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Sastry's 10-year study of New Orleans Katrina evacuees shows demographic differences between returning and nonreturning

Stafford says less educated, smaller investors more likely to sell off stock and lock in losses during market downturn

Chen says job fit, job happiness can be achieved over time

Highlights

Deirdre Bloome wins ASA award for work on racial inequality and intergenerational transmission

Bob Willis awarded 2015 Jacob Mincer Award for Lifetime Contributions to the Field of Labor Economics

David Lam is new director of Institute for Social Research

Elizabeth Bruch wins Robert Merton Prize for paper in analytic sociology

Next Brown Bag

Monday, Oct 12
Joe Grengs, Policy & Planning for Social Equity in Transportation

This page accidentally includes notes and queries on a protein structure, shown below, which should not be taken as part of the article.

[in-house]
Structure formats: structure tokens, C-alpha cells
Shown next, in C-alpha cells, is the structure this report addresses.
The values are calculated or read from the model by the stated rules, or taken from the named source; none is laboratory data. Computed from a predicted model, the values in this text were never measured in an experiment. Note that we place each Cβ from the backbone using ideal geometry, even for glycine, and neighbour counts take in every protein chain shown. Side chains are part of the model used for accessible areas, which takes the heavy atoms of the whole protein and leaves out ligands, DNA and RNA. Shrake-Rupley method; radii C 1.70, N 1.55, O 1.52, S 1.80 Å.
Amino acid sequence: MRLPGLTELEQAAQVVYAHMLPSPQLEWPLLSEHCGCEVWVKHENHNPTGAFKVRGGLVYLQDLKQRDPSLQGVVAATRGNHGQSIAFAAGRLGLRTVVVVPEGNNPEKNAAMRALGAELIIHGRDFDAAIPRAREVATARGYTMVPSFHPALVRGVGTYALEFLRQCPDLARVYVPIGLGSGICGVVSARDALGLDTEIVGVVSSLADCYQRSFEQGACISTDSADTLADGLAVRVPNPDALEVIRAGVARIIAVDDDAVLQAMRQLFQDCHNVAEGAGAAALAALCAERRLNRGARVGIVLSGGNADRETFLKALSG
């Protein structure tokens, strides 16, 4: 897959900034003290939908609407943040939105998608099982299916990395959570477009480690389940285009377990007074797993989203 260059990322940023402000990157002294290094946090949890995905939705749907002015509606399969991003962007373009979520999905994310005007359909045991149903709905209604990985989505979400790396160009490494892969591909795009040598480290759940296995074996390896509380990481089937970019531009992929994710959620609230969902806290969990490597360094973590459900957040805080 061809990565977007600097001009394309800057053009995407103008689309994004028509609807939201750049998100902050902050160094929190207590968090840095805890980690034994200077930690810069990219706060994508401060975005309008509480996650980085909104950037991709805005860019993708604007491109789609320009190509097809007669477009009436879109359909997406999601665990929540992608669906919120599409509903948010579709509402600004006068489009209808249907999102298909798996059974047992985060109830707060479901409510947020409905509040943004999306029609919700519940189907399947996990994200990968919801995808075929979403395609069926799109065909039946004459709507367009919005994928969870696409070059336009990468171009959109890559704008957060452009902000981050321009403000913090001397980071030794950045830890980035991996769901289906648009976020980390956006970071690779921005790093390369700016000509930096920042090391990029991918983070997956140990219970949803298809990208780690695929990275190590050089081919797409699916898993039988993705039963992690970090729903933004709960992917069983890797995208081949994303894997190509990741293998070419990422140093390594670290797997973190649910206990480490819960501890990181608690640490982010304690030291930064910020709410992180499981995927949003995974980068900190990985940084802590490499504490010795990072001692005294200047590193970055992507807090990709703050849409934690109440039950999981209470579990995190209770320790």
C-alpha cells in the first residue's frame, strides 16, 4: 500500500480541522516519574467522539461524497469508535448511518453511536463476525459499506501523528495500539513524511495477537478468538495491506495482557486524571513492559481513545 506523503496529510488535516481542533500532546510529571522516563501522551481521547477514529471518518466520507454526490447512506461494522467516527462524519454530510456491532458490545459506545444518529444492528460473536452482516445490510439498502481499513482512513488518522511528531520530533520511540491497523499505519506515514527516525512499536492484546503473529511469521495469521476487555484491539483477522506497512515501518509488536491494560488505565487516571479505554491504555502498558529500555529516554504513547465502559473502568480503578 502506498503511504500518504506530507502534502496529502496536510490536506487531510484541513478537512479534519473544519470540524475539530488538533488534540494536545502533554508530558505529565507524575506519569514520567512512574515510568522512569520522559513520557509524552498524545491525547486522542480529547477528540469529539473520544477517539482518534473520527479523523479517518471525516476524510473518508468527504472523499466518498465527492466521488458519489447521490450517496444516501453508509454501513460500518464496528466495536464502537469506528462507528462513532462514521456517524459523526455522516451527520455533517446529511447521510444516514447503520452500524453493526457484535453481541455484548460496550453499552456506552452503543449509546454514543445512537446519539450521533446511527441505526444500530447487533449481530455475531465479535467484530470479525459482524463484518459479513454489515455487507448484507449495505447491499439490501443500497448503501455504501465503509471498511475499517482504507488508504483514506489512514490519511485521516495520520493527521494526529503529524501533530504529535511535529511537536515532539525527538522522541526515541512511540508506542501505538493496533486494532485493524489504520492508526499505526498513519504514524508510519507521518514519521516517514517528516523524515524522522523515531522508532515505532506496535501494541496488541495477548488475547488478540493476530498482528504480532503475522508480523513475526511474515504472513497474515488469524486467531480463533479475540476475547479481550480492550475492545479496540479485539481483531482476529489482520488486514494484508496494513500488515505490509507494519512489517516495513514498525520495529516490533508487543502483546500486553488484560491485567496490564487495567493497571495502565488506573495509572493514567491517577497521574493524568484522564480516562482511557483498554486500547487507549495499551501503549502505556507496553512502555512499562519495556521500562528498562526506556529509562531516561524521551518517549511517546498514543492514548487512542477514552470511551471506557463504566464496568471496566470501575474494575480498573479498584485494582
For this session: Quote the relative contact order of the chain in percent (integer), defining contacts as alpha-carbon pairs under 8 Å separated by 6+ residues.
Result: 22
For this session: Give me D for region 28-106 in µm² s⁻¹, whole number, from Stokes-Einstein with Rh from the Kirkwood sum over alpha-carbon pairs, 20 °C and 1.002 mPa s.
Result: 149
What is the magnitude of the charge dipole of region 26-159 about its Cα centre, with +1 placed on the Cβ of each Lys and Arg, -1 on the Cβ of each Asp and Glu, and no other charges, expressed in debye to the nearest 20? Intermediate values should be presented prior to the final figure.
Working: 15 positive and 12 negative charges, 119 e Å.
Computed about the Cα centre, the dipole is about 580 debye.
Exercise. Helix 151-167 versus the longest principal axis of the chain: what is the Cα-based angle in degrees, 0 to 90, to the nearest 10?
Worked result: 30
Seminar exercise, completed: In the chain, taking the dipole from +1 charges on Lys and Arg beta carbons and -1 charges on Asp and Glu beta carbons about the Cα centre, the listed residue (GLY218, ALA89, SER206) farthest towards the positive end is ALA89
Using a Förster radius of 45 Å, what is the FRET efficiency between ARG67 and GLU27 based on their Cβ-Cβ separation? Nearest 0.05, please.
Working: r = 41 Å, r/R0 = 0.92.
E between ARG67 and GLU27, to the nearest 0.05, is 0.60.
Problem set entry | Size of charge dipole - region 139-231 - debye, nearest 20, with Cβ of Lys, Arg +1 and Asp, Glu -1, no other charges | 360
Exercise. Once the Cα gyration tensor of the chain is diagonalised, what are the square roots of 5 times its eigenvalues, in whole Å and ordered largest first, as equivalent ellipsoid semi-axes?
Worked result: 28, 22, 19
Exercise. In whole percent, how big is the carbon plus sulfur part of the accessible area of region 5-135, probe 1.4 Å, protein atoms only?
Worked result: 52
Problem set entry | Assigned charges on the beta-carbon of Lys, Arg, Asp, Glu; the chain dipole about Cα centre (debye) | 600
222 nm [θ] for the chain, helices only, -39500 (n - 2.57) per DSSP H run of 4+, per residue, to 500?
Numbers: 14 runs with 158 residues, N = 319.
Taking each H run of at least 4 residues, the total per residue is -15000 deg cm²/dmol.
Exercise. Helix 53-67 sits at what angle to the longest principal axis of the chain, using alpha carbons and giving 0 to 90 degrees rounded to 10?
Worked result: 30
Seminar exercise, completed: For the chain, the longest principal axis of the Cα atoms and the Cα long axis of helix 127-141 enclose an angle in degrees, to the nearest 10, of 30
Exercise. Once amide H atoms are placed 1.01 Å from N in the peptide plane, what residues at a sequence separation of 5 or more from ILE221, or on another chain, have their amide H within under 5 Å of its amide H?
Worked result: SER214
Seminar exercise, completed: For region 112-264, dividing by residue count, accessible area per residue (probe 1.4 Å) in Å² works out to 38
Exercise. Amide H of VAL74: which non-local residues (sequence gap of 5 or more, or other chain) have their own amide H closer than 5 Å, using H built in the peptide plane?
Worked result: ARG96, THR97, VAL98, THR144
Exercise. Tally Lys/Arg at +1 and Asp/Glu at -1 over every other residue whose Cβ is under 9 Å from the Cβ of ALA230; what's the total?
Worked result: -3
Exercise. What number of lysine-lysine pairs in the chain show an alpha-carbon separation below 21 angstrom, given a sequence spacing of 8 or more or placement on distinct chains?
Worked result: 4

The distribution of income tax noncompliance

Archived Abstract of Former PSC Researcher

Johnson, Allan Griswold, and Joel Slemrod. 2010. "The distribution of income tax noncompliance." National Tax Journal, 63(3): 397-418.

This paper uses newly available data from the IRS to assess the distributional consequences of U.S. federal income tax noncompliance for the tax year 2001. We find that, when taxpayers are arrayed by their estimated "true" income, defined as reported income adjusted for underreporting, the ratio of aggregate misreported income to true income generally increases with income, although it peaks among taxpayers with adjusted gross income in the 99.0 to 99.5 percentile. In sharp contrast, the ratio of underreported tax to true tax is highest for lower-income taxpayers.

Country of focus: United States of America.

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